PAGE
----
The Legacy of m/f


           When the first issue of m/f appeared in 1978, the relation between Marxism and feminism was very much at the center of the debate among feminists who, unlike those of the radical-feminist tendency, wanted to conceive their struggle as part of the socialist project. A socialist-feminist current was being organized, distinct from both the class reductionism of orthodox Marxism and the sex reductionism of the radical feminists. Many socialist feminists viewed women's oppression as a consequence of their position with respect to two structures of domination, the economic class structure of capitalism and the sexual hierarchy of patriarchy with its male dominance over women. Many attempts were made to articulate a theory of "capitalist patriarchy" that would account for the necessary link between capitalism and women's subordination. Such a theory alone, it was said, would provide the basis on which the political unity between feminist and socialist struggles could be grounded. While situating itself within the socialist feminist current, m/f argued forcefully against those views. It took the view that not only was a theory of that kind impossible but also that it was irrelevant for politics. The articulation between feminism and socialism had to be the result of specific alliances, not the necessary effect of a common cause. It was misleading to search for a principle of unity; unity could only come about through the construction of common interests and goals. There was no need to prove that the subordination of women was caused by capitalism in order to justify such an alliance.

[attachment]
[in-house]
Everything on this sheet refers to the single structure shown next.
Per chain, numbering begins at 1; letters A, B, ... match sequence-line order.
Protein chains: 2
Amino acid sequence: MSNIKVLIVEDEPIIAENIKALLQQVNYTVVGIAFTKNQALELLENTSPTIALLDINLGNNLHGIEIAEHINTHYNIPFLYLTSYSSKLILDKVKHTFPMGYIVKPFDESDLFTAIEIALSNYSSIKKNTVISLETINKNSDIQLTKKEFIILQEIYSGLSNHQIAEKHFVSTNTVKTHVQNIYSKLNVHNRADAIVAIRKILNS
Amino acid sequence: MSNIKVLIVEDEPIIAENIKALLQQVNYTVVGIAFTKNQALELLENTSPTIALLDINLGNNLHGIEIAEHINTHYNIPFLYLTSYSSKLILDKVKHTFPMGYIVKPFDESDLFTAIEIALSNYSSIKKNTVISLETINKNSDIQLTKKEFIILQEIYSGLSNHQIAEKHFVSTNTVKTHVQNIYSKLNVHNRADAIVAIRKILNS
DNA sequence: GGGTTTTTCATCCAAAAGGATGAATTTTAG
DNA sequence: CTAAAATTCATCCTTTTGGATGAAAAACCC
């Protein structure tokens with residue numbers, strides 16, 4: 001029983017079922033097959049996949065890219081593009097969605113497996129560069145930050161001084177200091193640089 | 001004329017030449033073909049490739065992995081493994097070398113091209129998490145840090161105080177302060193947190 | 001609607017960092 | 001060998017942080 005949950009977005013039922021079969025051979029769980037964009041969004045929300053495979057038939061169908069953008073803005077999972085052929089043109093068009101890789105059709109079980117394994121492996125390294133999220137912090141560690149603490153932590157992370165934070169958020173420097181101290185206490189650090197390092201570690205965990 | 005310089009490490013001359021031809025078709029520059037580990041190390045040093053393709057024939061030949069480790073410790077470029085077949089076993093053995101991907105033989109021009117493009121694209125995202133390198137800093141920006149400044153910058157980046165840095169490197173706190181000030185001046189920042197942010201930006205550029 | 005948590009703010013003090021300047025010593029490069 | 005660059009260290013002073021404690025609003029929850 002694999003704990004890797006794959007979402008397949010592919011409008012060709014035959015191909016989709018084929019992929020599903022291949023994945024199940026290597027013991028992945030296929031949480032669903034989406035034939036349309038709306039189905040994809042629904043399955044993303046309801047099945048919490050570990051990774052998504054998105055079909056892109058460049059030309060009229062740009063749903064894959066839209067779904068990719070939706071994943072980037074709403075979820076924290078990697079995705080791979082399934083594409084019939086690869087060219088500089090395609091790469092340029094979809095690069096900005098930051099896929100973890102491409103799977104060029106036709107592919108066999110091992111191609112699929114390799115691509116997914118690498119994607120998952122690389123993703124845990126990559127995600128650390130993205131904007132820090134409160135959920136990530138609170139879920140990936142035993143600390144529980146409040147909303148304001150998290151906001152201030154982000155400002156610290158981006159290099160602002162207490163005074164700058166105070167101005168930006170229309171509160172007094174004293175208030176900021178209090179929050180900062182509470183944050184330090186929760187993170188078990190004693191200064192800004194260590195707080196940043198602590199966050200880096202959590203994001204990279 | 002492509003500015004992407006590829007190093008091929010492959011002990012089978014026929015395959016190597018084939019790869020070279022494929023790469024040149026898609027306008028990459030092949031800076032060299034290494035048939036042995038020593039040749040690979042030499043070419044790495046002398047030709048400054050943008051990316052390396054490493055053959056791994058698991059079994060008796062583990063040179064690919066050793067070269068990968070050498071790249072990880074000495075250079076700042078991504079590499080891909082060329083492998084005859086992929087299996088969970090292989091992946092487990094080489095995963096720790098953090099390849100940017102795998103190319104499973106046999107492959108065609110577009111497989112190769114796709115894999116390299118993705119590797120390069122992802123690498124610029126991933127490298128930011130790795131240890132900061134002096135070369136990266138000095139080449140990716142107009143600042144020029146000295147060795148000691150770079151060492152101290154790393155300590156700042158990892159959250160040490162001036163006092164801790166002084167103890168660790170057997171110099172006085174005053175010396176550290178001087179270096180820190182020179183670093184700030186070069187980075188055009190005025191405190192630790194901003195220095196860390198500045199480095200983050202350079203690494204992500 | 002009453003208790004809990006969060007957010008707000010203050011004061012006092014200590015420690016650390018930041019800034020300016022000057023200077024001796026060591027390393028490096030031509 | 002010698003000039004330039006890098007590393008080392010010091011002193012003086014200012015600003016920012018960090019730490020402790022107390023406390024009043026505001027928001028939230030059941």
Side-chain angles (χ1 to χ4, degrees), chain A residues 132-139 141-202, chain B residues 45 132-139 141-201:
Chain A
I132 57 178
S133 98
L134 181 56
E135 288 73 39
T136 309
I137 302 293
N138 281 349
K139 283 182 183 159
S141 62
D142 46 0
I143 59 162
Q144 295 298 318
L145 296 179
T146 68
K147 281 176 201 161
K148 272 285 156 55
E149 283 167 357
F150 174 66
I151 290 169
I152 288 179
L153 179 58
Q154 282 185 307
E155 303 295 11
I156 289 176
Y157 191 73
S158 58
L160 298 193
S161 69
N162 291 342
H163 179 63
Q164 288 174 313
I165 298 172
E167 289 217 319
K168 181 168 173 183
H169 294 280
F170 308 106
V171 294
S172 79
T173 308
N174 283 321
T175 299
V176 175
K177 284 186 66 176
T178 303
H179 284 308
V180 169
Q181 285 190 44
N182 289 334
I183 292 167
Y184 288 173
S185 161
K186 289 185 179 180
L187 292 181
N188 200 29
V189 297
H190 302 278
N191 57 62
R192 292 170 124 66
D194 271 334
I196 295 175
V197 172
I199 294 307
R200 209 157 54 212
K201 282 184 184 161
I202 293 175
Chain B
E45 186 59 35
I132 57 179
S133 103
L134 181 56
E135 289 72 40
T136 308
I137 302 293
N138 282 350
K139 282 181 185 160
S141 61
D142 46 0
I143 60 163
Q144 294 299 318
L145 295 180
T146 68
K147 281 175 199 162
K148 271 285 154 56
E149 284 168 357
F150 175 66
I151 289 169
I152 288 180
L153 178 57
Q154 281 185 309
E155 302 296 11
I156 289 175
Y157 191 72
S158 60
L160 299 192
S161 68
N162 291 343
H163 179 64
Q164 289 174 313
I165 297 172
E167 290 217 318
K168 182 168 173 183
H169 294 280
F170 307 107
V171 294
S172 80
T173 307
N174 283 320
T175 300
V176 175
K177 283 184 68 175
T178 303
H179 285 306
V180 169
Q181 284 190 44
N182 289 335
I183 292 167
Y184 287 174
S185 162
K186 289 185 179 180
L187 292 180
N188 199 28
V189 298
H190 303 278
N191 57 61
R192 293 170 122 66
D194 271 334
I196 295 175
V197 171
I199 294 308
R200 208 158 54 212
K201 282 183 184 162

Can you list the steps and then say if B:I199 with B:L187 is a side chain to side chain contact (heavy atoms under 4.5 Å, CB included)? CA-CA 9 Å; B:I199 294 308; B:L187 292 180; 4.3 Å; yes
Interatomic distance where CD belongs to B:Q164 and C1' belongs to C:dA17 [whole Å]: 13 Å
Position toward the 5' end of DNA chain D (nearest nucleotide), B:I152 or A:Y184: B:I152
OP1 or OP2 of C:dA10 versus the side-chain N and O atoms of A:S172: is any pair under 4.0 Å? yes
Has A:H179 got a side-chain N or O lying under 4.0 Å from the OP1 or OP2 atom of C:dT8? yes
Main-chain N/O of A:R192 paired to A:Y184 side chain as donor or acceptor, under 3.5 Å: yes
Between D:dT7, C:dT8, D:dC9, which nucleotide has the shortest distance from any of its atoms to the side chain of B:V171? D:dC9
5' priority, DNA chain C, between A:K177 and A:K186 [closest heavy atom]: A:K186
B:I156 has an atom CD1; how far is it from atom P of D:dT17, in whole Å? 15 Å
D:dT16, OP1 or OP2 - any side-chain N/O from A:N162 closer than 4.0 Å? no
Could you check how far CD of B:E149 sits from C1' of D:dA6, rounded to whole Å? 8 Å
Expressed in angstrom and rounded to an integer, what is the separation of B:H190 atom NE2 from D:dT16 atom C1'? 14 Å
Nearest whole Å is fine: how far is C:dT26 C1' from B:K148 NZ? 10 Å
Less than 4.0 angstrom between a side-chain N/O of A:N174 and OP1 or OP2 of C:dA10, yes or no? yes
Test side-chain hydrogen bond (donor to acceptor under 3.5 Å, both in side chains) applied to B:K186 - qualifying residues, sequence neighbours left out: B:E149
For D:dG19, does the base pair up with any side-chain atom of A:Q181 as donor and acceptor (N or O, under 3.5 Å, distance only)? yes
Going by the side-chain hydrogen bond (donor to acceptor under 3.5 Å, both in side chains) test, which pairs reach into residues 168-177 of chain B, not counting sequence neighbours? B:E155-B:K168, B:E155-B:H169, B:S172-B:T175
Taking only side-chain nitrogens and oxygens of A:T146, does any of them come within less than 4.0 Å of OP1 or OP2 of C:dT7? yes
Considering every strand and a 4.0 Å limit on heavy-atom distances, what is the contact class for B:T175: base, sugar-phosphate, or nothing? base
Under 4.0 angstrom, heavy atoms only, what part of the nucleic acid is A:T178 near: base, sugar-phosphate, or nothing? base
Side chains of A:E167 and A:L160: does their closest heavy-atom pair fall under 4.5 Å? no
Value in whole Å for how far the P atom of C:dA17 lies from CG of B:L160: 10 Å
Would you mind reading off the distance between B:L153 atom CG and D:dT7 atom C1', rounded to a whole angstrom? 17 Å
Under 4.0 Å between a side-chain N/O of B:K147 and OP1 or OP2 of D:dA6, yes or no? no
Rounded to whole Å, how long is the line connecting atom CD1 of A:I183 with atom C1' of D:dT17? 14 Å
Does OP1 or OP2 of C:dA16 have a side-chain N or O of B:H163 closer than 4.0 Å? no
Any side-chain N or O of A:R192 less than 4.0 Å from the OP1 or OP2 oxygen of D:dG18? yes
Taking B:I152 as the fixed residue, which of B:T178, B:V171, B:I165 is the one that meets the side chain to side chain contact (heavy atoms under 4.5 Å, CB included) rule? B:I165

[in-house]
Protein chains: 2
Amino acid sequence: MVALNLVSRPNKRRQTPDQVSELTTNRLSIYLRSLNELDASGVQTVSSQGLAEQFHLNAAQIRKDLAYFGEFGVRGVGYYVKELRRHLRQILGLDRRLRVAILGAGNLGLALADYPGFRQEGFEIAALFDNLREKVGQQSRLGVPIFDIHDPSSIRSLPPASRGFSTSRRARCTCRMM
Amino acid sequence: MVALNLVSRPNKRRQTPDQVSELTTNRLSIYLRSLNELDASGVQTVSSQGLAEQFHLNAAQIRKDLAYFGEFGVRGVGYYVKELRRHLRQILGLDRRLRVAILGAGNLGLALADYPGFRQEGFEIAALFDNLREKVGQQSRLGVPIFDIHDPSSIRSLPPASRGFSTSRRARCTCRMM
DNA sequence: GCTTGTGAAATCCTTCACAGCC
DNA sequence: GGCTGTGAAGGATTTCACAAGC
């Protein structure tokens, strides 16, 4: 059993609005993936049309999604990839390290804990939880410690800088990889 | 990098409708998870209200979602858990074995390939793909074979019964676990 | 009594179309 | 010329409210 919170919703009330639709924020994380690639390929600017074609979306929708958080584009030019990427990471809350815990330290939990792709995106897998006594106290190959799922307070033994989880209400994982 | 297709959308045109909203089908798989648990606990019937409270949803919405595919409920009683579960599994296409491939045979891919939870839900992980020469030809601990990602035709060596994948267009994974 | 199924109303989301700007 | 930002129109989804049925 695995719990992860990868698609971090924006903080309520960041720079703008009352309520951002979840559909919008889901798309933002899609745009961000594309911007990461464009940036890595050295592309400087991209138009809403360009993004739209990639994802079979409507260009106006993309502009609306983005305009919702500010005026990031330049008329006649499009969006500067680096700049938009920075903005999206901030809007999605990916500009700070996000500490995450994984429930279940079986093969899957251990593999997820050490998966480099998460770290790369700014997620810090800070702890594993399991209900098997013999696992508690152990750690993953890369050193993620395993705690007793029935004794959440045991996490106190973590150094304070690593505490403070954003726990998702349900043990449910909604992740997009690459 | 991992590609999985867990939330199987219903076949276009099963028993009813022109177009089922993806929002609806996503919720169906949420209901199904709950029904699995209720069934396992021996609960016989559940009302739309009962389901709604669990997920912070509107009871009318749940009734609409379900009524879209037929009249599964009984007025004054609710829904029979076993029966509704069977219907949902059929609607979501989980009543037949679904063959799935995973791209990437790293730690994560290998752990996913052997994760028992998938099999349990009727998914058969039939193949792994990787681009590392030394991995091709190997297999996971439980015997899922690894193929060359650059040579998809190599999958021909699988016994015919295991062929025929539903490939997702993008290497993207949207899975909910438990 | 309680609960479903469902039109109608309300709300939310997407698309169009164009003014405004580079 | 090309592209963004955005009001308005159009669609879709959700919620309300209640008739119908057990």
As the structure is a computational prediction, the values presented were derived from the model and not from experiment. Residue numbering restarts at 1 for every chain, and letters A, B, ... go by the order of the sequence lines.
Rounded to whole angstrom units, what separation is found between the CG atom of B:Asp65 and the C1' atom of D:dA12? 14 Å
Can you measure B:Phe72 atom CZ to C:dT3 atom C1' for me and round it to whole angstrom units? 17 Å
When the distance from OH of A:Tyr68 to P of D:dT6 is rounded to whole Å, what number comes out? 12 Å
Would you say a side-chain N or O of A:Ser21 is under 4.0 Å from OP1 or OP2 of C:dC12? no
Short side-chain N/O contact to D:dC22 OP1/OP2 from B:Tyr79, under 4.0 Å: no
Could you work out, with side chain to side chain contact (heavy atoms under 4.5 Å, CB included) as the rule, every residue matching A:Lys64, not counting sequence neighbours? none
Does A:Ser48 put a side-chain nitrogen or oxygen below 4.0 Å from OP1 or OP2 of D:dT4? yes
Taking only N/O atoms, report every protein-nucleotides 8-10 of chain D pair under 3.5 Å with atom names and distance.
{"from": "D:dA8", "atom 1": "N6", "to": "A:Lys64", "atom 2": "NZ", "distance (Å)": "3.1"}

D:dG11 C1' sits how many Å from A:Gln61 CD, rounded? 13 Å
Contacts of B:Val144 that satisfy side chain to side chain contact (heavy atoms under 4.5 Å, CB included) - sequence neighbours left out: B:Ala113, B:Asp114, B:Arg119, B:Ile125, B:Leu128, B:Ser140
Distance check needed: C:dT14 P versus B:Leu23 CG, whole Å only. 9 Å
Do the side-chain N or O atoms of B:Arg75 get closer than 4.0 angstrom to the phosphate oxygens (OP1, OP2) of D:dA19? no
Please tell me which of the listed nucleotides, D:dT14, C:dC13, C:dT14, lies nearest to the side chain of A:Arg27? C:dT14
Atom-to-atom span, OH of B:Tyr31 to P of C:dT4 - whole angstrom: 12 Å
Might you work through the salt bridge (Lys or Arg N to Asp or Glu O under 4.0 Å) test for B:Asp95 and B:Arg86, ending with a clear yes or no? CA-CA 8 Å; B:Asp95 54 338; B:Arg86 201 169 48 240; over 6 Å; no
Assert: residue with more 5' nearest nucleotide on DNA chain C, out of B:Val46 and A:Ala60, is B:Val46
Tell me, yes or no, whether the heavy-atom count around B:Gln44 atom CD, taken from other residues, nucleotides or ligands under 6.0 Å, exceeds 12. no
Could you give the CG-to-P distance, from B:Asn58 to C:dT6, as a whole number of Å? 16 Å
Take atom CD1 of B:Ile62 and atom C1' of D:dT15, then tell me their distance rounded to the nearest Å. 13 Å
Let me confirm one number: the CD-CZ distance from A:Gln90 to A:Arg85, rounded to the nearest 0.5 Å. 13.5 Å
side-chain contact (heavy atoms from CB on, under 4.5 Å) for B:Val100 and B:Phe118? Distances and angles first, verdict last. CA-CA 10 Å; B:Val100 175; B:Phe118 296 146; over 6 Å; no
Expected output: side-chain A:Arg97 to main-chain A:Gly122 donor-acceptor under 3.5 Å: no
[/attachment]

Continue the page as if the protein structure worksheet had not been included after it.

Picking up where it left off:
Several contributions to m/f pointed out that all the different versions of the theory of capitalist patriarchy presupposed a unitary phenomenon of "women's oppression," which was considered to be the effect of a cause that had to be explained by a theory. These versions implied both the existence of a pre-given unitary subject "woman" already available to be oppressed through various mechanisms, and a unity of subjects, "women." m/f opposed this essentialism. One of its main tenets was that there was no pre-given unity of women to which would correspond a simple notion of women's oppression. Instead, m/f argued that "legal, medical, political discourses each construct different definitions of women rather than being the expression or representation of pre-given objects, women and men. This means that there can be no 'feminine discourse' representing or reflecting a pre-given object, woman" (editorial no. 2). m/f's objective as a feminist journal was to study the construction of the category women within the specific practices that produce sexual difference in many different ways and to scrutinize the way women's subordination was produced in diverse practices, discourses, and institutions. This required analyses of the production of sexual difference in all social practices where the distinction between masculine and feminine existed as a pertinent one, including economic, cultural, political, and legal practices as well as in the family and the specific domain of sexuality. This was quite an original position.

           Another important departure from current political thinking was the deployment of a multiplicity of theoretical frameworks to address the diversity of discourses where sexual difference was produced. So while m/f recognized the crucial importance of psychoanalysis, it did not use it as the master theory that was to provide the key to women's oppression. Freud and Lacan were central, but so were Foucault and Hindess and Hirst's post-Althusserian critique of Marxism. m/f also published several translations of a variety of French writers and established a lively and productive dialogue with different varieties of post-structuralist thought in France. It made a general theory of women's oppression a thing of the past.